A recent article in the New York Times featured the introduction of a driverless automobile in a gated community in California. The community, located near San Jose and called, The Villages Golf and Country Club, has a significant constituency of seniors, the average age of residents being 78.
This is a community where golf cars, outfitted and customized as personal transportation vehicles (PTVs), play a major role in providing necessary mobility within the general property. On the other hand, it is, as are most gated communities, a mixed environment with regard to vehicle use. Most residents have both a PTV and a conventional, on-road automobile. This mixed transportation environment presents certain challenges when it comes to self-driving vehicles.
Traffic Challenges in the Gated Community
One of those challenges is, aside from avoiding accidents with pedestrians, is dodging aggressively driven PTVs. My own experience in a visit to a Florida community bears this out. When I attend the annual PGA Show in Florida, I like to drive around to dealers and gated communities to gather data and get impressions of trends in the market. In one such foray, I drove up from Orlando to The Villages, the sprawling community close to Ocala that is a city unto itself. The rented vehicle I was driving was a Ford Fusion—not really a large vehicle, but a good deal heftier than the typical PTV. Nonetheless, I learned quickly that within The Villages the “little guy” is king. If at an intersection there is even the slightest doubt as who has the rightaway, you, as the driver of a conventional vehicle, should gracefully cede the turf to the smaller fella. Why? Because he (or she) is going claim the rightaway, regardless of the merits of the situation. It’s kind of “collision-avoidance 101.”
So, I can appreciate the challenges for a self-driving, autonomous vehicle; that is, in teaching it, via its sensory system and software guidance, the rules of the road in a gated community.
Which Should Be Automated, the PTV, or the Conventional Vehicle?
Much of the intense interest with regard to autonomous vehicles focuses on an adaptation to conventional, on-road vehicles. This is certainly understandable since that is where the volume of sales is likely to be. Quite possibly with that in mind the company that engaged the residents and management of The Villages (San Jose, not Florida) outfitted a Ford Fusion with their autonomous technology and set about testing it in the confines of the property.
The company involved is Voyage, a start-up in true Silicon Valley tradition, and, in particular, headed by Sebastian Thrun. Mr. Thrun is notable for being the founder of Google’s driverless car project. His name and reputation as an innovator is doubtless why the company was able to raise funds to commence operations.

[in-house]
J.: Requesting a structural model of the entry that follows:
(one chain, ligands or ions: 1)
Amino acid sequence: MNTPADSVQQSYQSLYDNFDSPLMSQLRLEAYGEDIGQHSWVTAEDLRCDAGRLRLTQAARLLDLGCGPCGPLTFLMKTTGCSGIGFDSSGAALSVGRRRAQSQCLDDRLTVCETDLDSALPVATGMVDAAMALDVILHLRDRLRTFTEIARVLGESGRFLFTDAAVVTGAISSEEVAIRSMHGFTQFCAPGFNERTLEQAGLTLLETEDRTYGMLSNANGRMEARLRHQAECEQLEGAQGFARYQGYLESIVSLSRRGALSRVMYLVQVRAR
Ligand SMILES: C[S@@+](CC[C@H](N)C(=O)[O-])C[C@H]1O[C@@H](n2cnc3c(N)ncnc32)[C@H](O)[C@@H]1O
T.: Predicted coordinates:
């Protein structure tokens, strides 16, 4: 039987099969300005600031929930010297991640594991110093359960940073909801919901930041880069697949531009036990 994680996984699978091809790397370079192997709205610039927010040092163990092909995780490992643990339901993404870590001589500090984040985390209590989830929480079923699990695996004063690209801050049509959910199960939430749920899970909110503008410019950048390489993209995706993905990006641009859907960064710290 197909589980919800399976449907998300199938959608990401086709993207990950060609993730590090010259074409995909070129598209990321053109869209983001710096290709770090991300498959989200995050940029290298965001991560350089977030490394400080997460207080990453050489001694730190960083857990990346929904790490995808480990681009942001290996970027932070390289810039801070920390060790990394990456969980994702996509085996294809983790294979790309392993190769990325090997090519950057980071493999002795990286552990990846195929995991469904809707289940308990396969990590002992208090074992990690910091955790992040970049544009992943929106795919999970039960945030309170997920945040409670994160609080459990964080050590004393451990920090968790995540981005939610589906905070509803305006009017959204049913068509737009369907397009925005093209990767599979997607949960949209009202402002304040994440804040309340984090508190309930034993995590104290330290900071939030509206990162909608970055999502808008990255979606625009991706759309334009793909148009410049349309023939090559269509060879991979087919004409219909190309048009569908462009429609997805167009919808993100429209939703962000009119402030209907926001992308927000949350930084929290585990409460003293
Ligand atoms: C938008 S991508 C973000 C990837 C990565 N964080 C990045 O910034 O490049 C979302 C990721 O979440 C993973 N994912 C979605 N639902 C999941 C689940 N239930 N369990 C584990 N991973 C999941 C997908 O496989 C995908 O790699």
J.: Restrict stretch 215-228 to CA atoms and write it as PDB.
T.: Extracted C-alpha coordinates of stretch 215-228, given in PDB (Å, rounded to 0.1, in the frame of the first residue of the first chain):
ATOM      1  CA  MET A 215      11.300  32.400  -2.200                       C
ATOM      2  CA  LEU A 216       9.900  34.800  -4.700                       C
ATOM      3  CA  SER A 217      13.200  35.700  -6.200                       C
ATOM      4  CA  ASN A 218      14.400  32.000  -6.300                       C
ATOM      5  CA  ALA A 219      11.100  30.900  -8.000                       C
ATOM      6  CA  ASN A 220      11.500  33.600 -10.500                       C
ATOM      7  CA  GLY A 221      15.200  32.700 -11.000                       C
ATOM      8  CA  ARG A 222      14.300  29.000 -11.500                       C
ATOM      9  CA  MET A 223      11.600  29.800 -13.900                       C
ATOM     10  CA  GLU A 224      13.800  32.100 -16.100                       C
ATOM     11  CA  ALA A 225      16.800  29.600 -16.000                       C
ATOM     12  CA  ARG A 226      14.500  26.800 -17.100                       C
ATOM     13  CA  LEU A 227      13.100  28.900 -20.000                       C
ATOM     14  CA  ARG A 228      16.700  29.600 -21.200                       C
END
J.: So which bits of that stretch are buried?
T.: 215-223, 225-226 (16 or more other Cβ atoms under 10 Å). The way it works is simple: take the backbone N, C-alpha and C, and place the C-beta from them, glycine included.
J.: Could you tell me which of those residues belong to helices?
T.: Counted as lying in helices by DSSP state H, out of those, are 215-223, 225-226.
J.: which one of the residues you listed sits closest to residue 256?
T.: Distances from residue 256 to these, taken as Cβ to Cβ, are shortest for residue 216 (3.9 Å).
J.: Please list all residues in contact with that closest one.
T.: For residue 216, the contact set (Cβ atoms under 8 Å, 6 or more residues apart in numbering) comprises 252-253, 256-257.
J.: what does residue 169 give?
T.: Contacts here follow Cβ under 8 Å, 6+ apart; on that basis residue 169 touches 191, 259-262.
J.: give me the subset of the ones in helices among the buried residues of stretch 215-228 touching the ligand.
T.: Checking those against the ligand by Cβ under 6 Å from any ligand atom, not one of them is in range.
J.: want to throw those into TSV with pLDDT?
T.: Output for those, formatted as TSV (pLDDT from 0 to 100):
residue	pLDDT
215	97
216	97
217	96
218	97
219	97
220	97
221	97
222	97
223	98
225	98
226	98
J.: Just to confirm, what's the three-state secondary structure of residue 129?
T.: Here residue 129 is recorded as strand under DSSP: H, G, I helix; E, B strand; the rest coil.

But why automate the on-road vehicle, rather than the PTV? One could make the argument that an enclosed PTV would be the ideal candidate for driverless technology, as the driver/owner would have no competition, so to speak, in accessing the vehicle as needed. The answer is, of course, cost. While the cost of sensory systems for driverless vehicles are experiencing dramatic decreases, we are still talking an expenditure of $5,000 to $7,500 and possibly more per unit. In addition, there is still the question of dependability and effectiveness, because such systems have yet to rack up thousands of miles of actual, all conditions operation. Thus, the economics of investment in autonomous vehicle technology runs this way: The initial stage is concept and prototype development. The second stage is aiming for the volume market via collaborations with automakers. The next stage is actual commercialization in the volume market, resulting in (hopefully) dramatic declines in unit cost as production ramps up. Finally, the spin-offs to other markets take hold, one of those being the market for PTVs.
Ford Sees Big Cost Drops in Velodyne Collaboration
The news at around the time of the recent Detroit Auto Show was Ford’s forecast that its collaboration with sensory system provider Velodyne would see the latter’s Puck™ product drop in price to $500, possibly by 2020. Not only is the price likely to decline significantly (the original Velodyne self-driving apparatus cost $75,000), but the process of miniaturization is well underway as the photo below indicates.
With a price in the $500 range, it is quite possible to see PTVs outfitted with autonomous vehicle technology in the not-so-distant future.
Wake-Up Call for Gated Community Managements and Investors
Given that many, if not most, gated and planned communities have residents with age-related handicaps with respect to mobility, accommodation for self-driving vehicles could well become a selling point for the property. Combined with the need for more comprehensive and advanced charging systems (see my previous column on Level 2 fast charging), investors in new or upgraded gated communities will be looking to these technologies as a modern convenience and necessary infrastructure component of the gated community.
Contact the Author: Steve Metzger at firstname.lastname@example.org. Or check out our website at www.smallvehicleresource.com, where you will find an extensive database of vehicle models and can make side-by-side comparisons of vehicles based on a full set of specifications.